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GIS in the Classroom: Colin Robertson

Integrating GIS into your teaching can be a great way to engage your students and bring current topics to the classroom. Find out why a teacher from Ottawa decided to use ArcGIS Online in his geography classes.

Colin Robertson is a teacher from Ottawa, ON who was introduced to ArcGIS Online earlier this year and, without a hitch, he successfully incorporated it into his teaching. He teaches grade 7 Science, grade 9 Geography and grade 11 Environmental Science at Elmwood School, an independent International Baccalaureate (IB) school for girls.

Recently, Colin told us the five reasons he decided to use GIS in his teaching:

  1. It develops students’ critical thinking skills.
  2. It allows students to identify and analyze patterns.
  3. It enhances the learning of many Canadian and global issues.
  4. It allows students to make decisions based on information they have analyzed.
  5. ArcGIS Online helps to develop students’ mapping skills and introduces them to the exciting and growing field of GIS.

Colin’s interested in teaching his students 21st century geography skills, which he believes is a blend of current online mapping tools and critical thinking skills. He believes ArcGIS Online allows students to gain a better understanding of geographic issues and develop the ability to make critical decisions. 

This past school year, his grade 9 geography students learned about the mountain pine beetle affecting the economy and the environment in British Columbia. Colin used Esri Canada’s Mountain Pine Beetle lesson pack to gain a better understanding of the factors that affect the spread of this insect.

An ArcGIS Online map, created by school teacher Colin Robertson, on the Mountain Pine Beetle from an Esri Canada lesson pack.

Colin’s class also worked on a project using ArcGIS Online in which they explored the connection between earthquakes and nuclear sites. The purpose of the mapping activity was to answer two questions:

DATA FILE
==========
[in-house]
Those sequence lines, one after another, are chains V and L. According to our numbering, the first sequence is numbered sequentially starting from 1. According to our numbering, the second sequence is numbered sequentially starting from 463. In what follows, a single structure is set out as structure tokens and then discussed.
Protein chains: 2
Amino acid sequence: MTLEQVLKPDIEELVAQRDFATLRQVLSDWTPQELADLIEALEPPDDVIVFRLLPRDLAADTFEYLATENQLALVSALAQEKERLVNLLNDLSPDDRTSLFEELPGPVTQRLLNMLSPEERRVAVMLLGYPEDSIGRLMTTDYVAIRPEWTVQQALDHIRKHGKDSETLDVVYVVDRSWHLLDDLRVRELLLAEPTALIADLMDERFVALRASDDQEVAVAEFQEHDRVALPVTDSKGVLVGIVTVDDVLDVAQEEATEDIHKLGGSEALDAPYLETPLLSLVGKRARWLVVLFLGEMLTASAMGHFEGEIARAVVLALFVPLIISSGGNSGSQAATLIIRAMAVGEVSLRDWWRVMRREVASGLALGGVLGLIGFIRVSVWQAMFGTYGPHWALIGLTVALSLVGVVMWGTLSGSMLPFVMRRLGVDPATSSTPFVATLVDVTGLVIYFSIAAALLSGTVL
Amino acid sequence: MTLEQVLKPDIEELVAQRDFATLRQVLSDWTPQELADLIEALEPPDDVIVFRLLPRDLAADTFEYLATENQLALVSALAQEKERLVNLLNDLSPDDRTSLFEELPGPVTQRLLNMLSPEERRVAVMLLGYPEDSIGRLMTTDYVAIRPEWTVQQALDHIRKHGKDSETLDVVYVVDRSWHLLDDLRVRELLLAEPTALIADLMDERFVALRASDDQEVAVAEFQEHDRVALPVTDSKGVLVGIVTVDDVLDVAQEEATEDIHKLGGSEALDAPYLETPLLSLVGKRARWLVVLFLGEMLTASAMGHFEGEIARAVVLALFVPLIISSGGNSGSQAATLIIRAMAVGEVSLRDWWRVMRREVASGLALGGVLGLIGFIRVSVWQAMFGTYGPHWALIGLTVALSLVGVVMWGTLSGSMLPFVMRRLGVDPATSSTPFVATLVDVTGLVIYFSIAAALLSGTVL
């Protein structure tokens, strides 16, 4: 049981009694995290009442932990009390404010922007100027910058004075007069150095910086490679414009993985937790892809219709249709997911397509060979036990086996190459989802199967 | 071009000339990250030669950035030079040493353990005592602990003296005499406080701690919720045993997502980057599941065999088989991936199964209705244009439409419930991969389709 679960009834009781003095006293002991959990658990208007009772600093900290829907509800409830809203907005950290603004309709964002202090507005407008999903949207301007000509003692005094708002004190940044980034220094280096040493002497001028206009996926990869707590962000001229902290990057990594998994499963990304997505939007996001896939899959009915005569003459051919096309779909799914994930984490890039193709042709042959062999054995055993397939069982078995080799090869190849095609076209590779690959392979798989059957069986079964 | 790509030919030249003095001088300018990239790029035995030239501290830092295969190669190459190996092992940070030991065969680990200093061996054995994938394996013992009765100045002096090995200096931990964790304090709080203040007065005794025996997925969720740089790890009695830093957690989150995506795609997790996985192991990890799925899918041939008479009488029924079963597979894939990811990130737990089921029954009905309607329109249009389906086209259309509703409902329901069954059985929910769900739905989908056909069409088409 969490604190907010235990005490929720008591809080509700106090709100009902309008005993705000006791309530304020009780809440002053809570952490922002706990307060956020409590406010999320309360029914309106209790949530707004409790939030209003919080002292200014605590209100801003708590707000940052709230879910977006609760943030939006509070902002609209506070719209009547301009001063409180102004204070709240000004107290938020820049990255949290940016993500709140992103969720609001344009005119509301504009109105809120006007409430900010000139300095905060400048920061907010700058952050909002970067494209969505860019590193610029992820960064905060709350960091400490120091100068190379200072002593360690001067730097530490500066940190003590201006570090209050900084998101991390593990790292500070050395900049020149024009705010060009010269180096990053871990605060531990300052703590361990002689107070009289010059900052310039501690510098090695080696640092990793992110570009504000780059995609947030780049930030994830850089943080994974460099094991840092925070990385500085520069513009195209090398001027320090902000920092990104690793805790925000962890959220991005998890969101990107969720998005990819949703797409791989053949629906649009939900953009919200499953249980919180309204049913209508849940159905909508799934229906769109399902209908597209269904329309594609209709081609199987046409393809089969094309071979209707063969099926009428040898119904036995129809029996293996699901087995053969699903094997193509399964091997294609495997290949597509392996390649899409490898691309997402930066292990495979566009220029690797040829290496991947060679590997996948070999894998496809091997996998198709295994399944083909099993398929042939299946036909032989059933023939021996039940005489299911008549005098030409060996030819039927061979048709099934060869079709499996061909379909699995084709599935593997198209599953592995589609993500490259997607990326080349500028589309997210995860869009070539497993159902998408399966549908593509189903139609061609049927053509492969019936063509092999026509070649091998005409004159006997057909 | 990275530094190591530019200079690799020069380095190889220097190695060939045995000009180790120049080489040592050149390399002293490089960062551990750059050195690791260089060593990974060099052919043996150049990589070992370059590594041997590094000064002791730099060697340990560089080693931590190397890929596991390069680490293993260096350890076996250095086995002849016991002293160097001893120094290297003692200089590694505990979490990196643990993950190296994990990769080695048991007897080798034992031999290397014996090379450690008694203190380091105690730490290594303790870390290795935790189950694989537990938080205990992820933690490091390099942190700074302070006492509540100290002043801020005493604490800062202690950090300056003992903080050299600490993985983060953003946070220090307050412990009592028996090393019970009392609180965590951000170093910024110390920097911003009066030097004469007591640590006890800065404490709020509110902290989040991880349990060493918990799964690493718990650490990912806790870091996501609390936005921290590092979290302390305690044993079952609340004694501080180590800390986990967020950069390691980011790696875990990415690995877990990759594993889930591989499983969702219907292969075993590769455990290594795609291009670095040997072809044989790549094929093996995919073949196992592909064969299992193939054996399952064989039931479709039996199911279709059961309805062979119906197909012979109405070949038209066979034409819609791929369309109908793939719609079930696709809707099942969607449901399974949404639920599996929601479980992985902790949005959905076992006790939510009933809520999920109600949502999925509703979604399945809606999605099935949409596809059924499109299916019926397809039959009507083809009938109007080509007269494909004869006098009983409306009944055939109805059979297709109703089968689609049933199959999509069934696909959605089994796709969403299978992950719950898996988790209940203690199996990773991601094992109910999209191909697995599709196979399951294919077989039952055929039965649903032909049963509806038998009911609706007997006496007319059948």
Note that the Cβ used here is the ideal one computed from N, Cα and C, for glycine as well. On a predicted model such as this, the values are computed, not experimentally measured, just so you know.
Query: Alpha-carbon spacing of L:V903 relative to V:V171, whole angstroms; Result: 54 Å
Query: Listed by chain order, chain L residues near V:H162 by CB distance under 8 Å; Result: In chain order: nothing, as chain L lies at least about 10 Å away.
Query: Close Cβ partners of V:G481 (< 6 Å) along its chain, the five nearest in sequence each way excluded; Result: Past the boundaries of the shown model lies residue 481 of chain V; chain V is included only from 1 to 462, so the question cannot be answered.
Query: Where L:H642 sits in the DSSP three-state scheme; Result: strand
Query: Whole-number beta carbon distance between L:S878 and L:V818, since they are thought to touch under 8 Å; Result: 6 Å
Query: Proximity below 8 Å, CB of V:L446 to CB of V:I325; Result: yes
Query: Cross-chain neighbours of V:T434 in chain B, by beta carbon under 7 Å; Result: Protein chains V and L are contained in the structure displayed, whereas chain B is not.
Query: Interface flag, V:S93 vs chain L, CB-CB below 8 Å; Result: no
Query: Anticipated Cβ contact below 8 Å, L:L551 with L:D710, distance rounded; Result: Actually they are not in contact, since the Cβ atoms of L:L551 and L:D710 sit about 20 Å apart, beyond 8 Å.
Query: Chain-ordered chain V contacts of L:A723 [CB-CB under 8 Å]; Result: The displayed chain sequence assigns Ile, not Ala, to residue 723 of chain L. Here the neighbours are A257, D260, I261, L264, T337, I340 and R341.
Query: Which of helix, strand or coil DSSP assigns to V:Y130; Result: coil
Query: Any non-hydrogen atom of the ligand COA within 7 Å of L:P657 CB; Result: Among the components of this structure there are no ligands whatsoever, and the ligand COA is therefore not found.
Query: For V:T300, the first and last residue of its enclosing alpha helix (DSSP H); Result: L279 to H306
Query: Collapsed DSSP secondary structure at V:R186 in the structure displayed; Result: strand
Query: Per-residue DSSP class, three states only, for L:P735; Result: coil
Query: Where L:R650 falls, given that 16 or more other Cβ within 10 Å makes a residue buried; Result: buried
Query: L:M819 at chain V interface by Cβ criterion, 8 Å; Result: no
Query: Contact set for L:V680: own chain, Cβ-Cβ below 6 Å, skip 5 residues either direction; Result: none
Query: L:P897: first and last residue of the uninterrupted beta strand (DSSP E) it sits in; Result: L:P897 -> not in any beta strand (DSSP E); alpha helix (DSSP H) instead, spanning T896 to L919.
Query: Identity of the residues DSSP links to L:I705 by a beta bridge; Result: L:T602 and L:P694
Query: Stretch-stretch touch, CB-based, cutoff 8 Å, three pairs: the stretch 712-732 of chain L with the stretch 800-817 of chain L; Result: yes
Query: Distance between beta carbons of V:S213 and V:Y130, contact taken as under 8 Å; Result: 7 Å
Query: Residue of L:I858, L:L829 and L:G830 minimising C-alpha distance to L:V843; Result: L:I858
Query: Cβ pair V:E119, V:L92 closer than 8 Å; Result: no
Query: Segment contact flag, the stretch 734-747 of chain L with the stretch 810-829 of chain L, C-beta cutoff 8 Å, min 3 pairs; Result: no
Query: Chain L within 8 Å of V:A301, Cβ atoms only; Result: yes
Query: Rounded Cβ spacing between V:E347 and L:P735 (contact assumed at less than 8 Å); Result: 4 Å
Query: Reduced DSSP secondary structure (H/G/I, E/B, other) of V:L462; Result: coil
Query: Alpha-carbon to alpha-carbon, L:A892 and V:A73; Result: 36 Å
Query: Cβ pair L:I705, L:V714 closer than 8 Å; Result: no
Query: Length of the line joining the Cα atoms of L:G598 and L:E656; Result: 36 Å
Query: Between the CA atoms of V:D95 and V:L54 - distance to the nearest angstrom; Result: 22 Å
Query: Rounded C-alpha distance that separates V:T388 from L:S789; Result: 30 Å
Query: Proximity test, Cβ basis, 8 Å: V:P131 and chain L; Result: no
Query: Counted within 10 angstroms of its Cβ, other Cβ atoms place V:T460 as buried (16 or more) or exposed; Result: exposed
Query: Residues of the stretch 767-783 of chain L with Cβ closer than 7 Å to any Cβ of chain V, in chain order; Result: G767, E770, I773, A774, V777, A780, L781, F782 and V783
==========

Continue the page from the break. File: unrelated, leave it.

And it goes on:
1. Should Canada continue to invest in nuclear energy?
  2. Should Japan continue to invest in nuclear energy?

The students used critical thinking skills as they analyzed the relationship between earthquakes and plate boundaries. They completed a series of querying and measuring tasks to help them gain an understanding of where the strongest earthquakes occur relative to Canada and the Ring of Fire, a large horseshoe-shaped area in the Pacific Ocean prone to frequent earthquakes and volcanic eruptions.

His students benefitted from using ArcGIS Online because it allowed them to make correlations and conduct analyses. Many of his students said the interactive program was fun and they learned new skills they can use in school and in the real world. Colin’s goal in the new school year is building on his understanding of ArcGIS to drive the learning even further in his classroom.  He wants to learn more of the applications so he can teach his students a wider range of mapping skills that will make his classes more engaging and interesting.  

We look forward to checking in with Colin later this year to see how he's progressed. Stay tuned to read about Colin’s new GIS projects for 2014 and 2015.

Read more about other teachers who have integrated GIS into their teaching and contact us at  if you would like to be highlighted in an upcoming blog post.

About the Author

Angela Alexander is a K-12 Education Resource Developer on the Esri Canada Education and Research team. She has over six years of experience working with educators across Canada. Angela is responsible for producing geographic information system (GIS) and curriculum specific resources, conducting and creating custom workshops for educators and judging and developing the question for the annual GIS Skills Ontario competition in Waterloo, Ontario. Angela has a Bachelor’s degree in Geography and Sociology from the University of Western Ontario and completed the Applied Digital Geography and GIS certificate program at Ryerson University.

Profile Photo of Angela Alexander